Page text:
RNC mulls selling Aussie mine to focus on massive cobalt-nickel project in Quebec
Canada’s RNC Minerals (TSX: RNX) said Thursday it might sell all or part of its Beta Hunt gold and nickel mine in Western Australia to focus instead on its Dumont cobalt and nickel project in Quebec, the world’s largest undeveloped reserve of both metals.
The Toronto-based miner, which acquire Beta Hunt in 2016, said while it has grew the scale of the operation ever since, such asset is now considered to be non-core to RNC, particularly since Dumont’s potential value is significantly greater than the Australian mine’s current worth.
The company, however, did say it would consider other strategic alternatives for Beta Hunt, adding that no decision about the mine future has been made at the time.
“With the positive outlook for nickel and cobalt underpinned by growing demand from electric vehicles, the potential for the Dumont is a large multiple of the value of Beta Hunt,” Mark Selby, the company’s president and CEO said in the statement. “[We believe] now is the time to aggressively advance Dumont towards making a decision to begin construction in 2019.”
About 60% of the world’s supply of cobalt, a by-product of nickel and copper mining, comes from the Democratic Republic of Congo, where fears about political instability and the challenges of ethical sourcing combine to supercharge supply concerns.
RNC believes its Dumont cobalt and nickel project in Quebec, which has an estimated 33-year life and over 1 billion tonnes of reserves of both metals, will offer carmakers a new source from a safe jurisdiction.
Prices for cobalt have tripled over the past two years, and automakers are increasingly looking to secure long-term sources of supply.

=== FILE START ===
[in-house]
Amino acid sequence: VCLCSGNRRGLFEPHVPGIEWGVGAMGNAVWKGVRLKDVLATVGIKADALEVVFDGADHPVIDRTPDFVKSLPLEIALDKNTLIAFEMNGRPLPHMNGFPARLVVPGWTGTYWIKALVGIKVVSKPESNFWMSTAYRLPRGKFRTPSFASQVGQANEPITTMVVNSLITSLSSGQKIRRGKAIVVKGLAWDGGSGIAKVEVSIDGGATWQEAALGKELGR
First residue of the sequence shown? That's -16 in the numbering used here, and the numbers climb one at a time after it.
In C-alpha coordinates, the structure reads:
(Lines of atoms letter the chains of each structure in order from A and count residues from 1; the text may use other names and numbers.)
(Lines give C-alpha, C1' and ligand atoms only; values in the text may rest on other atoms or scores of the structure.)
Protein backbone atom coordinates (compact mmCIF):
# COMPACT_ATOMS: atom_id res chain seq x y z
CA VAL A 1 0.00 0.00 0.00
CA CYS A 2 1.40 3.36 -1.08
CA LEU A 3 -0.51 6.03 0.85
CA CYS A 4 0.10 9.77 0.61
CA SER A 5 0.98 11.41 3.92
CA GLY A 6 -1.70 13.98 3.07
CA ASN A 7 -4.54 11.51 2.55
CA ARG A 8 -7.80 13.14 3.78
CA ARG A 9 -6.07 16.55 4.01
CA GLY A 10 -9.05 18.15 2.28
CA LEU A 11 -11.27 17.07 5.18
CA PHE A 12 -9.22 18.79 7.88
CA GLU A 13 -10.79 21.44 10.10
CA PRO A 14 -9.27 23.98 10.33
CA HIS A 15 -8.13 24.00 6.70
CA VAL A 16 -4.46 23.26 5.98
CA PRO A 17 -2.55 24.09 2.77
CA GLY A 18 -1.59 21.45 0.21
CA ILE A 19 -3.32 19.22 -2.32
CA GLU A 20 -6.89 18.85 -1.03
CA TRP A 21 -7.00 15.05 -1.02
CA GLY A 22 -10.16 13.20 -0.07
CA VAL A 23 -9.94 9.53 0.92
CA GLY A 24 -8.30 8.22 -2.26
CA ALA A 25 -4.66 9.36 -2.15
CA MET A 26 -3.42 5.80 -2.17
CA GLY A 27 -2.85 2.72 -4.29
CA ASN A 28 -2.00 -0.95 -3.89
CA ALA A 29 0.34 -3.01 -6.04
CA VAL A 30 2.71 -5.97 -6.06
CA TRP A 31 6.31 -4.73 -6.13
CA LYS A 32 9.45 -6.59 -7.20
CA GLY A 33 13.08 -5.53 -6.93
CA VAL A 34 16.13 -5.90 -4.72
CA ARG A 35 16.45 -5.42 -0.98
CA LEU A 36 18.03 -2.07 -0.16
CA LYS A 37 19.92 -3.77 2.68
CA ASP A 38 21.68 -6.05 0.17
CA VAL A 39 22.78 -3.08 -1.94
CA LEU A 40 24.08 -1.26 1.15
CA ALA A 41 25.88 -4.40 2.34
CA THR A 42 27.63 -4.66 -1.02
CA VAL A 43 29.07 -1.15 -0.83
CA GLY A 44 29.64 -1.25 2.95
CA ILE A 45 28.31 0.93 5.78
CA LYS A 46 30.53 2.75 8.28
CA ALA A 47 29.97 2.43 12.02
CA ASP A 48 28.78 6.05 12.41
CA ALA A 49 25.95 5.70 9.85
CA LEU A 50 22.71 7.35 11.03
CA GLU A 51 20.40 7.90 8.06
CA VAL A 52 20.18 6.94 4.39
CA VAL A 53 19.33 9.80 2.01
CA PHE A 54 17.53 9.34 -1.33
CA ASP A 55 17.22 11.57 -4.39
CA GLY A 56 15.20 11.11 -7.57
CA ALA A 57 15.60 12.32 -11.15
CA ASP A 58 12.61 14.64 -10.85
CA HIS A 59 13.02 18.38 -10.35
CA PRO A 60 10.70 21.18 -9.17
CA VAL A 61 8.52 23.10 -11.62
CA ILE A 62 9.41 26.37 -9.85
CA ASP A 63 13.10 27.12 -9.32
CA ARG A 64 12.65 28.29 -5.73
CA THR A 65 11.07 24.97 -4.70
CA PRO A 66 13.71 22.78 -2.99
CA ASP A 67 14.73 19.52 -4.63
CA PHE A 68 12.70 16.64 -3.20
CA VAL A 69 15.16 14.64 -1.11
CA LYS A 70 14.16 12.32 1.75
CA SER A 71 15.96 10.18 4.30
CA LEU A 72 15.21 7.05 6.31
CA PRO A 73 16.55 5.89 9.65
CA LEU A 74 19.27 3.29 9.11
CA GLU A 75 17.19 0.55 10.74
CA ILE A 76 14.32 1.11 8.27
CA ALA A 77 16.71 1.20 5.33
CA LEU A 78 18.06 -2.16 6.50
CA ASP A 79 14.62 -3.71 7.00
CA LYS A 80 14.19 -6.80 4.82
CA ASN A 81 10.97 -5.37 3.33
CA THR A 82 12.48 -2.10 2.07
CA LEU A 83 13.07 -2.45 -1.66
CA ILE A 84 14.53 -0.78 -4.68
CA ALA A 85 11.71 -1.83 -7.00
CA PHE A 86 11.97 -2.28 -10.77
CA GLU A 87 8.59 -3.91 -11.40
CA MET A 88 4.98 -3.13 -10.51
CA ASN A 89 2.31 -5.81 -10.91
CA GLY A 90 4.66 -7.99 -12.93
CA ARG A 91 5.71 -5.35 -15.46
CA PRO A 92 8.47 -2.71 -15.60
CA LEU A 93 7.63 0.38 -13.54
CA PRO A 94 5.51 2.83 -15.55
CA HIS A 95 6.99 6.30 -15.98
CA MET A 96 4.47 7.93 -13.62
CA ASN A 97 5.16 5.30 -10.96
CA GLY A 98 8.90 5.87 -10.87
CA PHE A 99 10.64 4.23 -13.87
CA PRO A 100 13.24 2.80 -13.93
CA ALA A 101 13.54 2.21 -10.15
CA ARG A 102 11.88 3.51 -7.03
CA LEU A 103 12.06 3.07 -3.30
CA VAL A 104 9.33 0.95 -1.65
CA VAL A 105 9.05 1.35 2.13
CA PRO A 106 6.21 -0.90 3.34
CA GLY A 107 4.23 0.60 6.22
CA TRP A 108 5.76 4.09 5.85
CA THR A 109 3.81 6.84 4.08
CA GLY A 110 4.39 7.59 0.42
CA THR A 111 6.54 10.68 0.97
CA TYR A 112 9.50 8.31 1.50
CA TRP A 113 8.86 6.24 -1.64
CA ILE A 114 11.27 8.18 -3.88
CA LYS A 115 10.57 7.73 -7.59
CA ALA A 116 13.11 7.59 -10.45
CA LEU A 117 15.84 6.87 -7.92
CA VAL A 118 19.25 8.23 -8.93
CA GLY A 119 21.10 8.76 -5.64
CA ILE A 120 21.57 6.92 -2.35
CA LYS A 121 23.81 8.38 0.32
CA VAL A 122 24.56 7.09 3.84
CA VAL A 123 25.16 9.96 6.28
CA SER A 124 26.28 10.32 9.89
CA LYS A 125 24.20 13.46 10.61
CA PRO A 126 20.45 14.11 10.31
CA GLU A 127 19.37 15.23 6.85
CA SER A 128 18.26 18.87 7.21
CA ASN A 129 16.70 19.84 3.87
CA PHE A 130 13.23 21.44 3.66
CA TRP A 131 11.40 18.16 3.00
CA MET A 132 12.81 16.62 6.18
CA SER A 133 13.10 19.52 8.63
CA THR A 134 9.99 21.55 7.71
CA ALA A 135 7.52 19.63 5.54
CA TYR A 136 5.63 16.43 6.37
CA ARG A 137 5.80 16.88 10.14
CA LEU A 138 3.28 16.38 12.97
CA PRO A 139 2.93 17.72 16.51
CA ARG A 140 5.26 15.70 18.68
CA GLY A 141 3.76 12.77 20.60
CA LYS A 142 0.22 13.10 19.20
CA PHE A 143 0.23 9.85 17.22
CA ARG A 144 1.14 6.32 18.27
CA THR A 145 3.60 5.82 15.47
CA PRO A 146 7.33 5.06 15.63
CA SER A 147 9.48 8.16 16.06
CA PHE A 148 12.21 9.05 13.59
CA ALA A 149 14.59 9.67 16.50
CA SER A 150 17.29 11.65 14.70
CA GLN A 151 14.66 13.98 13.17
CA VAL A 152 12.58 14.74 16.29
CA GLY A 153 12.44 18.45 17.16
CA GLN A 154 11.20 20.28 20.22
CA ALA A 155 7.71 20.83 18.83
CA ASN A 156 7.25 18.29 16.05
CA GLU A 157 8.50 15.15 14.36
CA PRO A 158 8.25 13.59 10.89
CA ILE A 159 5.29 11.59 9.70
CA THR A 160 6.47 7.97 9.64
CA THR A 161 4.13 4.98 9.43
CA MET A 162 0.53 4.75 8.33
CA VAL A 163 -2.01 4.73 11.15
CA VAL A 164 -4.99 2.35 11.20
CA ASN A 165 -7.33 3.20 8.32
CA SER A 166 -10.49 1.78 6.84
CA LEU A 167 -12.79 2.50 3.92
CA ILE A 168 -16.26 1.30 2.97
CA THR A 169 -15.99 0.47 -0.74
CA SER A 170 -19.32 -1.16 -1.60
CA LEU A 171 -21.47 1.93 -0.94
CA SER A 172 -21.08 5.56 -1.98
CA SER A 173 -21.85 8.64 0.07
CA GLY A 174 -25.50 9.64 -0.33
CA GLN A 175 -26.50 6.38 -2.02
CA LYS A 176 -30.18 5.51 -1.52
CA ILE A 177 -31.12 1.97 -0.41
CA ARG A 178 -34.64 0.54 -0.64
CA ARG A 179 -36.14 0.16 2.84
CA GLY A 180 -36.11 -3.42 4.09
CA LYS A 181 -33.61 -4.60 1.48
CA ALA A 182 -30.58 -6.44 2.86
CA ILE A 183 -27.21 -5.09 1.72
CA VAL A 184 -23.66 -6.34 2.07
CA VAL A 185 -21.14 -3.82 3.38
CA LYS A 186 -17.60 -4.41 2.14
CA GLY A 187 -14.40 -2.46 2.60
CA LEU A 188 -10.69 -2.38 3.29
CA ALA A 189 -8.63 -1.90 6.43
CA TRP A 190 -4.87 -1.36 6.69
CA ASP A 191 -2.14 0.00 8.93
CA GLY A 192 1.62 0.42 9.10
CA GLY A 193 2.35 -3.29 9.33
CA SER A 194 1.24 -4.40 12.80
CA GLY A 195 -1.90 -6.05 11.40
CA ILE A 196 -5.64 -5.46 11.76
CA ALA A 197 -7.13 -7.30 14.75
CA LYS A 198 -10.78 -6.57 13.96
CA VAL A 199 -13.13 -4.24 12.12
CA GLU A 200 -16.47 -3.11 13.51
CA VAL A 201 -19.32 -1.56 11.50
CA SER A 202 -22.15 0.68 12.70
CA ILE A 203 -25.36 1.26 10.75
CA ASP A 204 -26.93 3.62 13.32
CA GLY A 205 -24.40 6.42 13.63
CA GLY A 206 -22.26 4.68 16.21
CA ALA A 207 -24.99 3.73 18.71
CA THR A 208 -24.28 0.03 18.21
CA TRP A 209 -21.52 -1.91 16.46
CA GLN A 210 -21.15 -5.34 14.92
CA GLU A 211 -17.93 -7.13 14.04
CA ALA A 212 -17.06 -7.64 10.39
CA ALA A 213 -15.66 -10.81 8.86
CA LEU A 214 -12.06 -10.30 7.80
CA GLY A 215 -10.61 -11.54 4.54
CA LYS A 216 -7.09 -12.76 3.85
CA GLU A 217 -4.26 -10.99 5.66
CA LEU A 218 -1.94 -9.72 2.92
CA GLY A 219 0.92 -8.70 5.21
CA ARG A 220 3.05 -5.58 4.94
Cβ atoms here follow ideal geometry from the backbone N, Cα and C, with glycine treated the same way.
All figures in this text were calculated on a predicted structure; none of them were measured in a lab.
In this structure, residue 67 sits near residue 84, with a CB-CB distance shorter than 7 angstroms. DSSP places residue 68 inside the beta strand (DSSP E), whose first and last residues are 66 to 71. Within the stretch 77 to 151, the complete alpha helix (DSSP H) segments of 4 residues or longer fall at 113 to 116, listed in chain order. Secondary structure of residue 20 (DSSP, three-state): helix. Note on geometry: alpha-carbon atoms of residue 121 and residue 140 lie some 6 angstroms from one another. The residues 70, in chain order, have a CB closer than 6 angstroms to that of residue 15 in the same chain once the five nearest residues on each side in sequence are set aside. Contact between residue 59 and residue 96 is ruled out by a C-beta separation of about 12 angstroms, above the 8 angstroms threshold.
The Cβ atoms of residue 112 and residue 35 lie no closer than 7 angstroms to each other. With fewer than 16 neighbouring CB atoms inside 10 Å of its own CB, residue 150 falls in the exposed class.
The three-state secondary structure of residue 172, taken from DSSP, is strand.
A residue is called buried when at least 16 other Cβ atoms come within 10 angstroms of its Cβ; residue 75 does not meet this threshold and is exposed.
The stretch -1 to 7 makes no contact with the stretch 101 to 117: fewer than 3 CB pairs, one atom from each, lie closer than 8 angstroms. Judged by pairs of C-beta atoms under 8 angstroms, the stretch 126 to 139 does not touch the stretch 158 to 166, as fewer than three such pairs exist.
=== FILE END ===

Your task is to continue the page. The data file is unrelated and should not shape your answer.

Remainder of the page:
Only last month, Canadian Cobalt 27 Capital Corp bought a royalty on all future production from the Dumont project in a $70 million-deal.
Mobile phones maker Apple (NASDAQ: AAPL) is said to be in talks to buy long-term supplies of cobalt directly from miners while vehicle manufacturers including luxury carmaker BMW are reportedly close to inking agreements with primary suppliers.
The batteries used in cellphones uses Lithium-Cobalt-Oxide (LCO) compounds with up to 60% cobalt and is the number one source of cobalt demand at the moment. Nickel-Manganese-Cobalt (NMC) batteries favoured by vehicle makers contain less than 20% cobalt with ratios set to gradually fall to only 6% cobalt through a process of thrifting. (EV pioneer Tesla’s favoured battery technology uses relatively small amounts of cobalt.)
Only around 10% of cobalt supply currently ends up in electric vehicles, but their boom could more than quadruple demand for cobalt to in excess of 450,000 tonnes by 2030 from less than 100,000 tonnes last year, according to Bloomberg New Energy Finance.